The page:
Voices of our Community

Apr282016 1

Child Abuse Prevention Month: Myths About Childhood Sexual Abuse

by Paul Gilmartin, Host of The Mental Illness Happy Hour

Comedian Paul Gilmartin hosts a weekly podcast The Mental Illness Happy Hour. Each week he interviews people living with mental illnesses. Paul gives an empowering voice to the many who feel silenced by shame. While topics on the podcast are focused around mental illness, the stories often speak to the resillience of survivors of human trafficking, child abuse, and all forms of violence. As a survivor of childhood sexual abuse, Paul wrote about the myths he encountered in his personal life and throughout his time hosting the podcast. This guest blog post is in recognition of Child Abuse Prevention Month.

 

 
 
1. It has to involve physical contact
Before I started doing the podcast I didn’t even know covert sexual abuse was a thing.
 
Examples of covert sexual abuse are:
  • Talking to a child in a flirty or sexually inappropriate way
  • Not respecting their privacy boundaries
  • Barging in on them in the bathroom
  • Bathing them beyond an age where they can do it themselves
  • Inspecting their genitals to see how they’re developing
  • Telling them that they’re “too shy” when they cover up in your presence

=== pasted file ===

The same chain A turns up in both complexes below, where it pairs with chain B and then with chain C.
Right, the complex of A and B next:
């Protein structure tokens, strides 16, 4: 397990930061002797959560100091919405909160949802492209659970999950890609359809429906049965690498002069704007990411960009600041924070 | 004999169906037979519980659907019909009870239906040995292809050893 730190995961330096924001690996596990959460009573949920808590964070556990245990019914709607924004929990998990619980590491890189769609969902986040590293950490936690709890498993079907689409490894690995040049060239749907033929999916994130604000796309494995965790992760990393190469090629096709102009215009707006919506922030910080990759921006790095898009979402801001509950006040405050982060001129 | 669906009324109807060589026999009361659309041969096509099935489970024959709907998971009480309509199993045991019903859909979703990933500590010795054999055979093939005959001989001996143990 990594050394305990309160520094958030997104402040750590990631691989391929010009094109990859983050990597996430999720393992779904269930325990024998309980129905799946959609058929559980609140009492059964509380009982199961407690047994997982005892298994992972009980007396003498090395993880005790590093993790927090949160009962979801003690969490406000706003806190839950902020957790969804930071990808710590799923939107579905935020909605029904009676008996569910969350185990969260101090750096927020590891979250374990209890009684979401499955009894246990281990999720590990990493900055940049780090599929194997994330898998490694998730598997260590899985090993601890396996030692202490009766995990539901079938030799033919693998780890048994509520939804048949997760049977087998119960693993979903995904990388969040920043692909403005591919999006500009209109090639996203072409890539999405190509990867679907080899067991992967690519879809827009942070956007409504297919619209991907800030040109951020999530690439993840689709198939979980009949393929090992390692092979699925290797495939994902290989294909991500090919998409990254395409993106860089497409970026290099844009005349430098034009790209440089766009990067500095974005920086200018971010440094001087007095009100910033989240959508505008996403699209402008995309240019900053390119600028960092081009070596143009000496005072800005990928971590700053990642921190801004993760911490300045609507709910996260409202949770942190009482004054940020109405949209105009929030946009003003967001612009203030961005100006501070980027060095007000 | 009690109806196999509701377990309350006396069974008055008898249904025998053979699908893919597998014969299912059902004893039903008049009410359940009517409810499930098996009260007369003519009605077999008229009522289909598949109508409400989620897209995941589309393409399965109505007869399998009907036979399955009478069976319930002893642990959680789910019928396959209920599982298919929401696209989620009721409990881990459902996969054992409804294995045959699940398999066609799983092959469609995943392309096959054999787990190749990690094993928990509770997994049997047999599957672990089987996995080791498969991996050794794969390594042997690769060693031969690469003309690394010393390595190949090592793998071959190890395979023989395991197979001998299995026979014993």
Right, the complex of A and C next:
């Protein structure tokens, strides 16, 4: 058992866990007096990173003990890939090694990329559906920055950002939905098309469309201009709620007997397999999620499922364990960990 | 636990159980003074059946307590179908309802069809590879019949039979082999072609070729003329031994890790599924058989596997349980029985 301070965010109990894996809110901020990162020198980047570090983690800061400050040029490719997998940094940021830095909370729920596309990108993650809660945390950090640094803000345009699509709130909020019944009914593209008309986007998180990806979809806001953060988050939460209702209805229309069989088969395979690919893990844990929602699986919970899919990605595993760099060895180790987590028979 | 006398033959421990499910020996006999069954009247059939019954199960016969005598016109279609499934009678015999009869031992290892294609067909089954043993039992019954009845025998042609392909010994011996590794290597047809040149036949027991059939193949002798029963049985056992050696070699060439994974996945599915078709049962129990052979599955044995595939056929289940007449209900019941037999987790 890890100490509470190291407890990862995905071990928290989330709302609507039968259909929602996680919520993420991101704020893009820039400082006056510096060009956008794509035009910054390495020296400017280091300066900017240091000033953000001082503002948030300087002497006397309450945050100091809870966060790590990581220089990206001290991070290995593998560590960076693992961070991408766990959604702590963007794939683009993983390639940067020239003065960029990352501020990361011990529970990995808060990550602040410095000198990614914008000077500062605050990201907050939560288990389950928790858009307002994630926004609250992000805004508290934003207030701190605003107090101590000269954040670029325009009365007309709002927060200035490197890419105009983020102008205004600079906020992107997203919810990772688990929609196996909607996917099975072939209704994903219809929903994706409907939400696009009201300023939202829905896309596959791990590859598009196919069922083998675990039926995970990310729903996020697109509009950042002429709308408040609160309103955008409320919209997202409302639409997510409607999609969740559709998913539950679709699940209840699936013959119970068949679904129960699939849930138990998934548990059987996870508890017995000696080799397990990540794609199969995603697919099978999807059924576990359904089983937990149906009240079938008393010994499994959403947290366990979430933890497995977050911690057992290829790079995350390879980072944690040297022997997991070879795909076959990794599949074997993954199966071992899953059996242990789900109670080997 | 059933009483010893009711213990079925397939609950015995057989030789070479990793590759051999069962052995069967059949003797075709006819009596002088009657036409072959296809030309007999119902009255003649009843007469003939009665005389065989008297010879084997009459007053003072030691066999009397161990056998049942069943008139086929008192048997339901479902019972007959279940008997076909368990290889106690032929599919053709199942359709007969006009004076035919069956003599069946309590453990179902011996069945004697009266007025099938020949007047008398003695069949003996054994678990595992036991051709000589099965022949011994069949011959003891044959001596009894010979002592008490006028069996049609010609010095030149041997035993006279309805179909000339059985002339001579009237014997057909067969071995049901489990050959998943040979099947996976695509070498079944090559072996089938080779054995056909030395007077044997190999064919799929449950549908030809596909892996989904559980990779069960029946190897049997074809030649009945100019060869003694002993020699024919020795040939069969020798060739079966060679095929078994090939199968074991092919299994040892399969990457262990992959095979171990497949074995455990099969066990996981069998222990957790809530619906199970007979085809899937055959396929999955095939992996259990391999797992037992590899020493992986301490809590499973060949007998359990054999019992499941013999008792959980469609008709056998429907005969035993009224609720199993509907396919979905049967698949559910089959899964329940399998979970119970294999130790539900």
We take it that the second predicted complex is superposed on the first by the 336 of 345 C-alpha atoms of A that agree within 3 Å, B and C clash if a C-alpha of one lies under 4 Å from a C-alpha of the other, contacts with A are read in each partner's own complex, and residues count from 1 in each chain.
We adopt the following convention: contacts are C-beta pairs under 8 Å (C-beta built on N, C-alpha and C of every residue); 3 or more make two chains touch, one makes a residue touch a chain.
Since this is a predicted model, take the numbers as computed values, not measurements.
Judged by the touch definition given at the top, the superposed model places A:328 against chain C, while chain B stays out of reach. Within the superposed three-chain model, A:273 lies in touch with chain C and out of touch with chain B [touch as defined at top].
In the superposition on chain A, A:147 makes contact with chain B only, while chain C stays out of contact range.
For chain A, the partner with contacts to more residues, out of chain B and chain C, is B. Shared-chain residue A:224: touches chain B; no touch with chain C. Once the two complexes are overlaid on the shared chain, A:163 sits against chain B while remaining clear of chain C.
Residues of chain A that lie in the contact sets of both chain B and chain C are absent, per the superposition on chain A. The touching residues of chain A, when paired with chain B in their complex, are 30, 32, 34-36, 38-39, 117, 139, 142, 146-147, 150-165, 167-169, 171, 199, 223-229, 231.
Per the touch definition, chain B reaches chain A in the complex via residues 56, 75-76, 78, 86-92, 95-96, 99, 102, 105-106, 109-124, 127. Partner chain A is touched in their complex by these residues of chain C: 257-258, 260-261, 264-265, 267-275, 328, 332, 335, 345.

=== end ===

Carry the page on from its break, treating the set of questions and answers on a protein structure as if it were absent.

• Sharing details of your sex life
  • Forcing them to share things about their sexuality
  • Commenting on what you find attractive or unattractive about their breasts, thighs, butts or genitals
  • Shaming them for their sexuality
  • Ogling them
  • Exposing them to pornography or sexually charged materials
  • Looking to them to fill physical, mental or emotional needs like an adult partner
  • Snuggling because the adult needs it instead of the other way around.
  • Being naked in front of the child when it makes them uncomfortable
What all of these examples share in common is that the adult is putting their needs ahead of the child’s.
 
It’s important to note that all parents make mistakes but covert abuse, at least in my opinion, is a repetitive pattern.  This isn’t about labeling a parent or caregiver as “a sexual abuser”; it’s about the survivor being able to make sense of their feelings so they can process them and heal.  Many of the parents or caregivers have no idea that what they’re doing is harmful because it’s how they were raised or they hated the puritanical atmosphere they were raised in.
 
I thought the physical act of sexual abuse was the worst part but for many survivors it wasn’t.  It was the humiliation, the objectification and the message that “you don’t matter; my needs are more important than yours”.   Overt and covert abuse share that message.
 
2. Abusers are always male and victims are always female
 
I am a covert childhood sex abuse survivor.  My abuser was my mom.  I couldn’t call it that until I was 48 years old because I felt my abuse wasn’t valid.  I experienced about ¾ of the things I listed.  With the help of therapists, support groups, my wife and the book Silently Seduced by Kenneth Adams I was finally able to see the truth. 
 
When I broke down and told my wife she said “I’ve been waiting 20 years for you to say this.”  She could see how my mother treated me the first time they met but I refused to believe the truth because like most survivors it was easier to blame myself than admit I was powerless in the care of an abuser.
 
3. It will be obvious to the victim when it happens